A grieving mother generally wants — even needs — the father to grieve with her. She shouldn’t have to, or be expected to, mourn alone. A father whose loss is seen and acknowledged is freed to recognize and mourn his loss alongside the mother’s — something too many men feel they’re not allowed to do. When he is freed to grieve, he is free to grieve with her. Moreover, a father whose heart is cared for is able to care for the mother’s heart (and other children, when applicable).

Who we care for, the mother or the father, is not in question when it comes to miscarriage care. It’s a matter of both mother and father — a couple, a family. In most cases, the mother and father have a long life together after the loss. Walking through this loss together can do much to strengthen their relationship and keep them together for a lifetime.

The importance of caring for fathers grieving miscarriages should not be lost on Christian organizations and businesses either. Not only is a father a neighbor his employer is called to love, but the child is a precious human being also made in the image of God. Employers have a unique opportunity to uphold the sanctity of life in a world that often devalues the unborn and denies their humanity. Even the world’s workplaces that are not a primarily Christian community give leave to a miscarrying mother — she’s experiencing and recovering from a significant medical event. But when a company offers time away to a father grieving miscarriage, it sends a larger, clear message: that this is more than a medical event, that it’s the loss of a child, a real human being. This kind of care says, “We want you to grieve that loss, and we want you to care for her as she grieves.” That’s a counter-cultural message and an evangelical witness.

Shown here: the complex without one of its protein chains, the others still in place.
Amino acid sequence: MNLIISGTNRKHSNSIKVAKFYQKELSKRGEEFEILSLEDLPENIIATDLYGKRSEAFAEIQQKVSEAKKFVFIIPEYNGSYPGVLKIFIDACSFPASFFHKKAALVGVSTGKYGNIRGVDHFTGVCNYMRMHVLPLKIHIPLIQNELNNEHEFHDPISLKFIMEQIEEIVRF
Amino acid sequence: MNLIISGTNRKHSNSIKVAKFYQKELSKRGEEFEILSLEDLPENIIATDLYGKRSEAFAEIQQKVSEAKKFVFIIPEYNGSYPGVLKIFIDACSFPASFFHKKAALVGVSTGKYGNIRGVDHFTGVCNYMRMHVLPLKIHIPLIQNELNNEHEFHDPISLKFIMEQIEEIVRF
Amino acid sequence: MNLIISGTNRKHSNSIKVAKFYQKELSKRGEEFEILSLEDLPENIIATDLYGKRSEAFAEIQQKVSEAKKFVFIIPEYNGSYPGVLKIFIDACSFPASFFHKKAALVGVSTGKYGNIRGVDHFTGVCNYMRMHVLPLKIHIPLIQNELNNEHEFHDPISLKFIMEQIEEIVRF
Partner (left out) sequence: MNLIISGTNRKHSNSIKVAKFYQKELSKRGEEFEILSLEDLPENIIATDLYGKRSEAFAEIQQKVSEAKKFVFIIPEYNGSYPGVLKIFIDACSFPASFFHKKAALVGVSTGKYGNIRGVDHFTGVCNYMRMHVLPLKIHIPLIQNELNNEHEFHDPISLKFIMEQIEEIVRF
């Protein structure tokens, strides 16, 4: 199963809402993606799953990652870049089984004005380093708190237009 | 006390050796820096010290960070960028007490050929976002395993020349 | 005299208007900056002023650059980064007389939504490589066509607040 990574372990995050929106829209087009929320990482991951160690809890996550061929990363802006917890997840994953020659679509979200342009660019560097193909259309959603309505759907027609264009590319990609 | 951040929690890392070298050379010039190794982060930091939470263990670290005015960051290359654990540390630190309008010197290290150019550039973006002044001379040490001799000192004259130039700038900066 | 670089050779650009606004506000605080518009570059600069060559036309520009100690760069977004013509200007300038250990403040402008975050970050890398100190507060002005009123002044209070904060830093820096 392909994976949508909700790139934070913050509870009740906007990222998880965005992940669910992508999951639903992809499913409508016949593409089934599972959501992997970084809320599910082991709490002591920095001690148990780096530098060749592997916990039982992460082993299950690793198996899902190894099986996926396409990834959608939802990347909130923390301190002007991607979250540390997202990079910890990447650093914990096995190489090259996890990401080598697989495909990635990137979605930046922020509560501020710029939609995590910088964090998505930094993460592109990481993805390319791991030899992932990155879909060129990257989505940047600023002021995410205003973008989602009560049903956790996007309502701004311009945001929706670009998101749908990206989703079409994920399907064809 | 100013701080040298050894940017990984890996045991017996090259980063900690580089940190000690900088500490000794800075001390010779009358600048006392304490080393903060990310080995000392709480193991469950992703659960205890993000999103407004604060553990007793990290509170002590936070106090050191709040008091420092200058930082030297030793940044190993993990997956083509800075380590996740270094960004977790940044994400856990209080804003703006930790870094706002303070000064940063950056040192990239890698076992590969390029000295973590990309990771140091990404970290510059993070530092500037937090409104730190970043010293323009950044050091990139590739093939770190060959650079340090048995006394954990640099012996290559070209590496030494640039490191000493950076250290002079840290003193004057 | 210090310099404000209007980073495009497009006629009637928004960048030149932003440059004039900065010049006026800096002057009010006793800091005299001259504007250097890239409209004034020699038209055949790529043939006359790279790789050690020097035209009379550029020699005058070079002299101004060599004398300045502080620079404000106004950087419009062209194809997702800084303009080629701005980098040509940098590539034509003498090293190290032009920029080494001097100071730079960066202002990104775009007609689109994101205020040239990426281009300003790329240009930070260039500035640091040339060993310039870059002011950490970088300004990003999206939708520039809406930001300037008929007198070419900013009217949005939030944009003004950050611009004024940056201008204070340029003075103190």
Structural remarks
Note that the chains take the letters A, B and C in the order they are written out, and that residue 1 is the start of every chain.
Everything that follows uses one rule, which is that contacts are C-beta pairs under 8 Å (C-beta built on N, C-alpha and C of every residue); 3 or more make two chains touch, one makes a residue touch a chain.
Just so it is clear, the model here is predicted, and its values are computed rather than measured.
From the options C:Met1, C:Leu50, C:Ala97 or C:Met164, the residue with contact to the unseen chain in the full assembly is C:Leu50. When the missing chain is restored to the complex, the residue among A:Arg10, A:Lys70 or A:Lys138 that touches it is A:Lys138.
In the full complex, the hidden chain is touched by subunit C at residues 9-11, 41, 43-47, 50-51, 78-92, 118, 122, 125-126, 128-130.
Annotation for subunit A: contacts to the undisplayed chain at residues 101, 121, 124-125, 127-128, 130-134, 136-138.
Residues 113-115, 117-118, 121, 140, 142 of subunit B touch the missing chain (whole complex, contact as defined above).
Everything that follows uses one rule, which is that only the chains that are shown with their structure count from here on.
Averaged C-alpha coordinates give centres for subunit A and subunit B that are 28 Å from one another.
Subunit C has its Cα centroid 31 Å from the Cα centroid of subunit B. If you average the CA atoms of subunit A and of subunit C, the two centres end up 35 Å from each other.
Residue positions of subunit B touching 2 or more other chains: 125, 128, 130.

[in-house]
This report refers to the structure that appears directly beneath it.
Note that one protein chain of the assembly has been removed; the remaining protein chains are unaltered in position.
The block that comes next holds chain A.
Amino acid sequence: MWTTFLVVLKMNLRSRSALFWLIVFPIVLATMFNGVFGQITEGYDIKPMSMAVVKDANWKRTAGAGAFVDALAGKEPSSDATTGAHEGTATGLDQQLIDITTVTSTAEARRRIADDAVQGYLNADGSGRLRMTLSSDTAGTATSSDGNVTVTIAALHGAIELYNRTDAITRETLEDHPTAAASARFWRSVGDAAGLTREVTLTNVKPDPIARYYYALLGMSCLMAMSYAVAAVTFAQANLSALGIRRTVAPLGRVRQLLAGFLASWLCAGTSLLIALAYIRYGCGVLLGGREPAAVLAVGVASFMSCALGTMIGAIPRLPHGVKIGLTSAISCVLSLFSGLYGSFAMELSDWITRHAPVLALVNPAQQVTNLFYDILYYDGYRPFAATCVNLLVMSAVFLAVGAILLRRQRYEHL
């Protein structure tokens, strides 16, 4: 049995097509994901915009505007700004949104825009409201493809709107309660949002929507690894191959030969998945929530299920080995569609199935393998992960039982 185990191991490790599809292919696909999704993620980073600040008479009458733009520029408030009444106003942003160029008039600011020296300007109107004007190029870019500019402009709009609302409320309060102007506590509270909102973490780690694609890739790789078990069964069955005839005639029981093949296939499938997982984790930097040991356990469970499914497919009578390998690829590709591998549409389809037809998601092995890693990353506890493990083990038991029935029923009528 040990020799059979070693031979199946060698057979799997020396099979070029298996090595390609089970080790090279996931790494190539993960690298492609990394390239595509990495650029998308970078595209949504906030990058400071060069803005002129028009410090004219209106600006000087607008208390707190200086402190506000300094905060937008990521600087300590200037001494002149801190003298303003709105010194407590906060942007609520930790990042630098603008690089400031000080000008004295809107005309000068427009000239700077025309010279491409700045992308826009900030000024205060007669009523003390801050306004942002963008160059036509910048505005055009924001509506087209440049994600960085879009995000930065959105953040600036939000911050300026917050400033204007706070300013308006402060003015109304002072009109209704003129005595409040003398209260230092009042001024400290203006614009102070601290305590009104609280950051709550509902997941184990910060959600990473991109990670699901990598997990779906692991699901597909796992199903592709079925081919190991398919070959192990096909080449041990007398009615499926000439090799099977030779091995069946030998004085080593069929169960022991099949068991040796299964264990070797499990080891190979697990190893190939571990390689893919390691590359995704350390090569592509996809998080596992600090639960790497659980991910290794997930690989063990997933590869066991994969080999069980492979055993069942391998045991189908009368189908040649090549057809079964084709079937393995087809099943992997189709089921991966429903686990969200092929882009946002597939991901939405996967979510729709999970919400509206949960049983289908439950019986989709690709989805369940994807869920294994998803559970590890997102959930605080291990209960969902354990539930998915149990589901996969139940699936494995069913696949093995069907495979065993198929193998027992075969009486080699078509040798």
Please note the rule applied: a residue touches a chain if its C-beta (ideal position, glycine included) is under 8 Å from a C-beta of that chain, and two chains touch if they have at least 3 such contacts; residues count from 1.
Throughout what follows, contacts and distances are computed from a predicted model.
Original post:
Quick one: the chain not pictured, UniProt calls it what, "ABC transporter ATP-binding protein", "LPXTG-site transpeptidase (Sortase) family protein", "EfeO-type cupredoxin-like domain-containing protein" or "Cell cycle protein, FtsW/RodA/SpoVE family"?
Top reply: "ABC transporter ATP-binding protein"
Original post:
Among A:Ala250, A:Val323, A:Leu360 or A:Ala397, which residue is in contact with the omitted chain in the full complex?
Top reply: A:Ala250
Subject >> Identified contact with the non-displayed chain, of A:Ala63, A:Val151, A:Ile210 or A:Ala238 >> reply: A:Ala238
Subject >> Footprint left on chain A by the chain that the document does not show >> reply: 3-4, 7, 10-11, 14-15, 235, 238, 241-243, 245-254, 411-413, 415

Seeing, acknowledging, and caring for fathers grieving miscarriages is a basic tenet of Christianity. “I give you a new command,” Jesus said. “Love one another. Just as I have loved you, you are also to love one another” (John 13:34). Jesus saw our need, humbled himself, and bore that burden to the cross. Thus, Paul tells us to “carry one another’s burdens; in this way you will fulfill the law of Christ” (Gal 6:2). The loss of a child is a burden too great for anyone to carry alone. When we help another bear such a weight, we imitate our Lord.